What Steve Spagnuolo brings in his return to the Giants - Metro US

What Steve Spagnuolo brings in his return to the Giants

The return of Steve Spagnuolo as the Giants’ defensive coordinator was pretty much expected once it was announced that Big Blue sought permission from the Baltimore Ravens.

Spagnuolo, who served as the Ravens assistant head coach/secondary coach this past season, interviewed with the Giants on Wednesday and was hired a day later, showing just how badly the pairing was sought by both sides. Spagnuolo was the architect of a Giants’ defense that executed arguably the greatest gameplan in history when they stifled the high-powered and then-unbeaten New England Patriots, 17-14, in Super Bowl XLII. The man affectionately known as “Spags” has as many rings as the man he replaced, Perry Fewell, who also led Big Blue’s defense in their Super Bowl XLVI victory.

One man with a ring is replacing another with the same hardware, but the former is expected to win another because head coach Tom Coughlin felt like the latter was no longer good enough to lead the charge. Fewell’s comeuppance occurred due to the en masse of players placed on injured reserve (a league-high 22). But with all expected to be ready by training camp, Spagnuolo will reap the recouping – but with the added pressure of succeeding where Fewell apparently failed.

It also means that despite the goodwill and happy feelings of his return, the honeymoon period won’t last too long because expectations will be high. Coughlin’s seat will also undoubtedly be hot, as he’s in the final year of his contract and there aren’t any more coordinators to jettison.

Spagnuolo didn’t announce any great elevation in the defense’s performance, but was happy to reason that his unit won’t lack in effort and intensity.

“Defense is more thana chess game. It is partially that, partially intelligence, and mostly effort – 100-percent, all-out effort,” Spagnuolo said, adding that he’s happy to return to the place where he’s had his most success as a coach during his 34-year coaching career. “I was hoping to becomea coordinator again. I am ecstatic that it’s withTom Coughlin.He is the highest character guy I know, and the feeling I have is excitement. We’re going to work our butts off and hopefully we will do great things together … It’s both new andfamiliar [and] a nice feeling to come back.”

In order for the Giants’ defense to come back, they’ll need healthy bodies to return and have rising youngsters continue to ascend. It’ll also help to make sure defensive end Jason Pierre-Paul re-signs with the team to give the pass rush some bite. Pierre-Paul is a restricted free-agent, who will likely get franchise tagged if he and the team can’t agree on a long-term extension. When he’s completely engaged, Pierre-Paul is as good as any pass rusher in the league. And coupled with new money and a scheme that befits him, next season could be a big one for the young vet.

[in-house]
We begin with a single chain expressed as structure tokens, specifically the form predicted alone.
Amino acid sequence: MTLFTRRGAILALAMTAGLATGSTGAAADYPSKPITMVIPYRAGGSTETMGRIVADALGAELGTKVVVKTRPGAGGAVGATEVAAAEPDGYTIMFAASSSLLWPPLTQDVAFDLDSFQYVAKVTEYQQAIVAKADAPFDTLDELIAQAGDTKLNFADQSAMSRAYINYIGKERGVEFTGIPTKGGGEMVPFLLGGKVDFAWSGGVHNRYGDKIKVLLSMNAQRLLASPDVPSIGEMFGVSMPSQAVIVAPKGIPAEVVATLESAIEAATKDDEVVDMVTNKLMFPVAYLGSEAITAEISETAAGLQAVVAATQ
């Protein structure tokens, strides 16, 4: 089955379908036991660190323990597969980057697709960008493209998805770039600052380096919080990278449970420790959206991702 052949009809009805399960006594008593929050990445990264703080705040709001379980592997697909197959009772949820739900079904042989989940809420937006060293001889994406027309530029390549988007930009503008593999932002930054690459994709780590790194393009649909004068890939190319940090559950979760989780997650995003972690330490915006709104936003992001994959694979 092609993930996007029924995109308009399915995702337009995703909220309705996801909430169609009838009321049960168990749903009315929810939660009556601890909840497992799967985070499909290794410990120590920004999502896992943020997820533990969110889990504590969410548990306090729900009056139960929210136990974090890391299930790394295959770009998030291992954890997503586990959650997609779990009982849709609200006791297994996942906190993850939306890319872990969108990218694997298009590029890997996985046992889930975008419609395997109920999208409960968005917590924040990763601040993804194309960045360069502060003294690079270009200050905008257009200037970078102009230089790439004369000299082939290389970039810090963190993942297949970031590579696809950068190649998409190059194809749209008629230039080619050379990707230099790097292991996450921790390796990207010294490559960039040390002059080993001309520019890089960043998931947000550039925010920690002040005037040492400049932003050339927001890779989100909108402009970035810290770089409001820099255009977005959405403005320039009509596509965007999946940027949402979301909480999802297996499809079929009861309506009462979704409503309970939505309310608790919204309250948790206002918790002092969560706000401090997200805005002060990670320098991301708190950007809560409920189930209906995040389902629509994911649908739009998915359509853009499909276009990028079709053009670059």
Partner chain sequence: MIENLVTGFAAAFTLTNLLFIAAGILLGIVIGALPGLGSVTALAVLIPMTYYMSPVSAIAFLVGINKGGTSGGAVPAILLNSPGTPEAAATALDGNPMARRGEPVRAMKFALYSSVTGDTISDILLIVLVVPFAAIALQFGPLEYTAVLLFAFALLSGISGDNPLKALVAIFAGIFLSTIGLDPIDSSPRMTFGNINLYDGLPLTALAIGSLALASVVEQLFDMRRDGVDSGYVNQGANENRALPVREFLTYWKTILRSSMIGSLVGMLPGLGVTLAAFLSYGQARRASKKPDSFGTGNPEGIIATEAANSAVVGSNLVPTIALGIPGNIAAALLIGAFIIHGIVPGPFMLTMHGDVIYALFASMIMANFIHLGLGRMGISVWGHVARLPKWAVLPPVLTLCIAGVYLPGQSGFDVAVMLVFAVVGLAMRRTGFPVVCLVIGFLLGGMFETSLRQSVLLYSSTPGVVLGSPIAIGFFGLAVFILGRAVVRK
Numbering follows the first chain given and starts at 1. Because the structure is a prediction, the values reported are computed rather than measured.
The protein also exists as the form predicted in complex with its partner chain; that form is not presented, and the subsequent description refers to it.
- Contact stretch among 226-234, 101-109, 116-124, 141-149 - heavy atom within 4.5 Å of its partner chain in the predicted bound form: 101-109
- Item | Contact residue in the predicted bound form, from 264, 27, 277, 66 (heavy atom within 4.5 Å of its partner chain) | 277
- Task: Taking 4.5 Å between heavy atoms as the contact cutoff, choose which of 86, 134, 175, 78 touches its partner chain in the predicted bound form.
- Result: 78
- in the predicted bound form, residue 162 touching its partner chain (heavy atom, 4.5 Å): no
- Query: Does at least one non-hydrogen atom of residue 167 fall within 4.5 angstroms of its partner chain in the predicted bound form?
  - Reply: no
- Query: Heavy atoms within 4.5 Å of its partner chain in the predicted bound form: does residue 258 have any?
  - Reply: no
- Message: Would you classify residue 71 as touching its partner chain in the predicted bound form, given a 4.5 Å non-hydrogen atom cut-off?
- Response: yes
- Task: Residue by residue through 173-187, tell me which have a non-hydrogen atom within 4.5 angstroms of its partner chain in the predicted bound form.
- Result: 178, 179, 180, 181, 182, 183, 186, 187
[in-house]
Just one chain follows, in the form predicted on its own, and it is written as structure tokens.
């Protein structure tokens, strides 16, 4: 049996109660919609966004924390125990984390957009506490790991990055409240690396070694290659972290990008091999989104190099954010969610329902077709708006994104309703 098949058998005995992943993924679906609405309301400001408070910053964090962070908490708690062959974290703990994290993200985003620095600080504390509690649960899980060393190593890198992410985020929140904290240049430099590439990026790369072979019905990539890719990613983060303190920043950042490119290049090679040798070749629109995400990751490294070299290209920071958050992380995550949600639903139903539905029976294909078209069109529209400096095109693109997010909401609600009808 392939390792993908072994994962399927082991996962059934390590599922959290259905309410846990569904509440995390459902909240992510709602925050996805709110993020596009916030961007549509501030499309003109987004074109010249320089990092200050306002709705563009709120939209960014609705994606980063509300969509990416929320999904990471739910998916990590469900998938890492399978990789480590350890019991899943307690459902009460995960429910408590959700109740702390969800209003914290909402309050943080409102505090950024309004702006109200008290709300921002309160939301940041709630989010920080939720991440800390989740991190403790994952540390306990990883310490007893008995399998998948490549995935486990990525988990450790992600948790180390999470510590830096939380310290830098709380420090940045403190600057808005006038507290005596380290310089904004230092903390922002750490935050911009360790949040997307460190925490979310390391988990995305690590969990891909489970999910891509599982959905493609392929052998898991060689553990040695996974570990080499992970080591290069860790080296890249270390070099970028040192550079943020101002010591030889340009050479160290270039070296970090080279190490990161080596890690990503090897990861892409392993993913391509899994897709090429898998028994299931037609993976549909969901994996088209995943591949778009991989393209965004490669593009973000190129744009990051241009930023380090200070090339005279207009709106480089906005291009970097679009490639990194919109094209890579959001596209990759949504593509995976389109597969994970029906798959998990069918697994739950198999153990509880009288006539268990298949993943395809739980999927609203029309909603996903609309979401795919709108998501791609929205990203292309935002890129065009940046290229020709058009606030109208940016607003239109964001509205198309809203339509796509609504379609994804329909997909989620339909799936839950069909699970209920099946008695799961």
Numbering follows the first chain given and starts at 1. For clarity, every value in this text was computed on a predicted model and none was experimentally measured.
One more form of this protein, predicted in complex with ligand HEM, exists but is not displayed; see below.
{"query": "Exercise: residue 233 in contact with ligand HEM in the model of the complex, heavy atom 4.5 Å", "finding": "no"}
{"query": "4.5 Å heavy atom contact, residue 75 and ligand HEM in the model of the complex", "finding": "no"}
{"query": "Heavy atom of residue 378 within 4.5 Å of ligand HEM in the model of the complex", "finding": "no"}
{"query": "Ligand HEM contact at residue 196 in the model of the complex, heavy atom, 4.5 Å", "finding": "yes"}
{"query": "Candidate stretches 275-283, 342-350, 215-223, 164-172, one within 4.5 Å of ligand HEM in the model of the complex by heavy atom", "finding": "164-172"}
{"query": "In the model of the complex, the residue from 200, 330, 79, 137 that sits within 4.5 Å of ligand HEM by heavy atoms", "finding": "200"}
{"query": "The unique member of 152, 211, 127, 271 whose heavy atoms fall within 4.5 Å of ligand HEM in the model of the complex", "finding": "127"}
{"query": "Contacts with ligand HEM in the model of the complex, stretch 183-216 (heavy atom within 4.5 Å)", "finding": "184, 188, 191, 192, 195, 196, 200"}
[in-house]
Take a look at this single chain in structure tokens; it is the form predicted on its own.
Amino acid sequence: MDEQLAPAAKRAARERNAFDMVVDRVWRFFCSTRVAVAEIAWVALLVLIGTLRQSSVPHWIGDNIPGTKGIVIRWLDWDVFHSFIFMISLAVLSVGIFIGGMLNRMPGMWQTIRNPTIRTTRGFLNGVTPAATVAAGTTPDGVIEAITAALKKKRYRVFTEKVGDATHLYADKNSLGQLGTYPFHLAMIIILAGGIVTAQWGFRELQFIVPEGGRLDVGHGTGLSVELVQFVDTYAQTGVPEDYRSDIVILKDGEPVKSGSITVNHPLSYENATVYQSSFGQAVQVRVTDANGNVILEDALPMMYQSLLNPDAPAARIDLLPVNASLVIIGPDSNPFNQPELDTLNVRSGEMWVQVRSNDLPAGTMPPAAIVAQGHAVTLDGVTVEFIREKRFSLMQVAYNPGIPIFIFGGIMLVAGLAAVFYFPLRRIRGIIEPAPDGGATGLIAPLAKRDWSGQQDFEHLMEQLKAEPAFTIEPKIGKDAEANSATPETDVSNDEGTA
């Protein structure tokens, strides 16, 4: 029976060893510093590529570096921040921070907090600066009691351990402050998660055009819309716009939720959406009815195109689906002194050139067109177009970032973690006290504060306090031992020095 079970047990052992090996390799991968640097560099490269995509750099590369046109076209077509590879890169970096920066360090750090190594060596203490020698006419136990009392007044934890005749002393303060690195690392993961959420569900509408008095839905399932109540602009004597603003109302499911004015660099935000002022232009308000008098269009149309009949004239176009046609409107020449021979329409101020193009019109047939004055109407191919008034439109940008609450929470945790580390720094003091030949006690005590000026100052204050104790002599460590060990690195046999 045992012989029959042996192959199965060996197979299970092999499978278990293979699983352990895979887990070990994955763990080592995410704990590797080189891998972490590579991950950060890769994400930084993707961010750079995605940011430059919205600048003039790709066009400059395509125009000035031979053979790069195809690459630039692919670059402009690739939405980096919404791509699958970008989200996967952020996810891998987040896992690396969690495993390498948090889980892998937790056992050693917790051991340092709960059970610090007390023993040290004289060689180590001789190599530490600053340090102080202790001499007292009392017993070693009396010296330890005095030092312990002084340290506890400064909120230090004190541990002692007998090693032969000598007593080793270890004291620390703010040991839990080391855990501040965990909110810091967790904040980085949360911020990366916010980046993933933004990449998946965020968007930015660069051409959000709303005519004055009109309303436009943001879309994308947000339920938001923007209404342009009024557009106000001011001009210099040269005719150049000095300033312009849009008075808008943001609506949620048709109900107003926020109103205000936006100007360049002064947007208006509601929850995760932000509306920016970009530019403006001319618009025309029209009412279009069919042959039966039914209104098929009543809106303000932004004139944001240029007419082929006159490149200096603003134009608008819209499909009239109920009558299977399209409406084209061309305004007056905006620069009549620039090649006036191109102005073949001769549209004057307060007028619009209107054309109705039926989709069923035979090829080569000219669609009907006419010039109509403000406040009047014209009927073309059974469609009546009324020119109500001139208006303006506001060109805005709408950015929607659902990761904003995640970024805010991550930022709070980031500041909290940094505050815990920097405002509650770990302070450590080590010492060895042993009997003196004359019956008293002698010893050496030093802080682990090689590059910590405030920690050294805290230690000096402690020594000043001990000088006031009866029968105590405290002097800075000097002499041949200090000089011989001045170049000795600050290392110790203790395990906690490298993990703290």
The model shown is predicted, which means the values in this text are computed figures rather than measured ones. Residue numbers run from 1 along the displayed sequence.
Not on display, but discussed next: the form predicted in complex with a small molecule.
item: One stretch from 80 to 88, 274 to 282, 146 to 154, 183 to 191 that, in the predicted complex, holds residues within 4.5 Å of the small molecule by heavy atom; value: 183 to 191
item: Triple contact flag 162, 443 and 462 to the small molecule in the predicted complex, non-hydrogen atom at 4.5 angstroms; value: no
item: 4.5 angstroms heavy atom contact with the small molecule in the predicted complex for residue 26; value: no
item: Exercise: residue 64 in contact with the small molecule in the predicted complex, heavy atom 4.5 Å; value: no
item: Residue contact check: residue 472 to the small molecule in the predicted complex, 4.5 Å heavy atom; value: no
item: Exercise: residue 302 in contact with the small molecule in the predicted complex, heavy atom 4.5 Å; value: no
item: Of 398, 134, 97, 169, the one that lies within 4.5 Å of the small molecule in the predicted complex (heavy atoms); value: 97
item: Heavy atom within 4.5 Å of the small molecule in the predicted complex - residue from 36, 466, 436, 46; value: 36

Coughlin said if anyone can move the crowd, it’s Spagnuolo, adding that he likes his defensive scheme, his ability to teach, and how well he relates to the players.

“Steve has so much enthusiasm in front of a room, in front of the team. The energy, enthusiasm, and strong personality that we saw before in Steve Spagnuolo [is] very evident again. And his desire to be a Giant again was very obvious,” Coughlin said, noting he hired the right guy to combat the spread offense – a criticism of Fewell. “His defense has changed some since he was here, too, working in Baltimore with [head coach] John Harbaugh and [defensive coordinator] Dean Pees. Both are outstanding defensive coaches, and he has studied defense under [Ohio State head coach] Urban Meyer. After all that, he has perfected his solution to defending the so-called spread offense, the uptempo [offenses] that you see so often in this league.”

Pierre-Paul’s tempo has been called into question at times during his career in New York — as well as that of fellow defensive end Damontre Moore, who has the talent, but seems to have lapses in play and judgment at inopportune moments.

So, it’ll be up to Spagnoulo to get the most out of those types of players, or else he’ll be made a scapegoat like his predecessor. Because as Fewell found out the hard way, unless you’re Coughlin, not even past glory can keep you around forever.

Big Blue notes:

-Spagnuolo, 55, was first hired by the Giants on Jan. 22, 2007, after an eight-year stint on the Philadelphia Eagles’ coaching staff, with the last three as the club’s linebackers coach. During his first season in New York, the Giants yielded an average of 305 yards a game, a 37.4-yard improvement over the previous season. They also led the NFL with 53 sacks. But the defense did its best work in the four-game postseason, allowing an average of 16.3 points per game. In the Super Bowl, his schemes and adjustments held the 18-0 Patriots – who had averaged a league-high 36.8 points a game in the regular season — to 14 points.

– Tim Walton was named cornerbacks coach by Coughlin, replacing Peter Guinta, who was dismissed at the same time Fewell was. Walton, 43, was the St. Louis defensive coordinator in 2013, and in January of 2014 he was replaced on the St. Louis staff by Gregg Williams.

– Among those passed over for the Giants’ defensive coordinator position were former Oakland head coach Dennis Allen, Washington’s defensive backfield coach Raheem Morris, and former Giants’ linebacker Pepper Johnson, who was told he’ll stay in Buffalo under new head coach Rex Ryan.

-Fewell shouldn’t be out of work for too long, as there are reports he could join new Oakland head coach Jack Del Rio on his staff.

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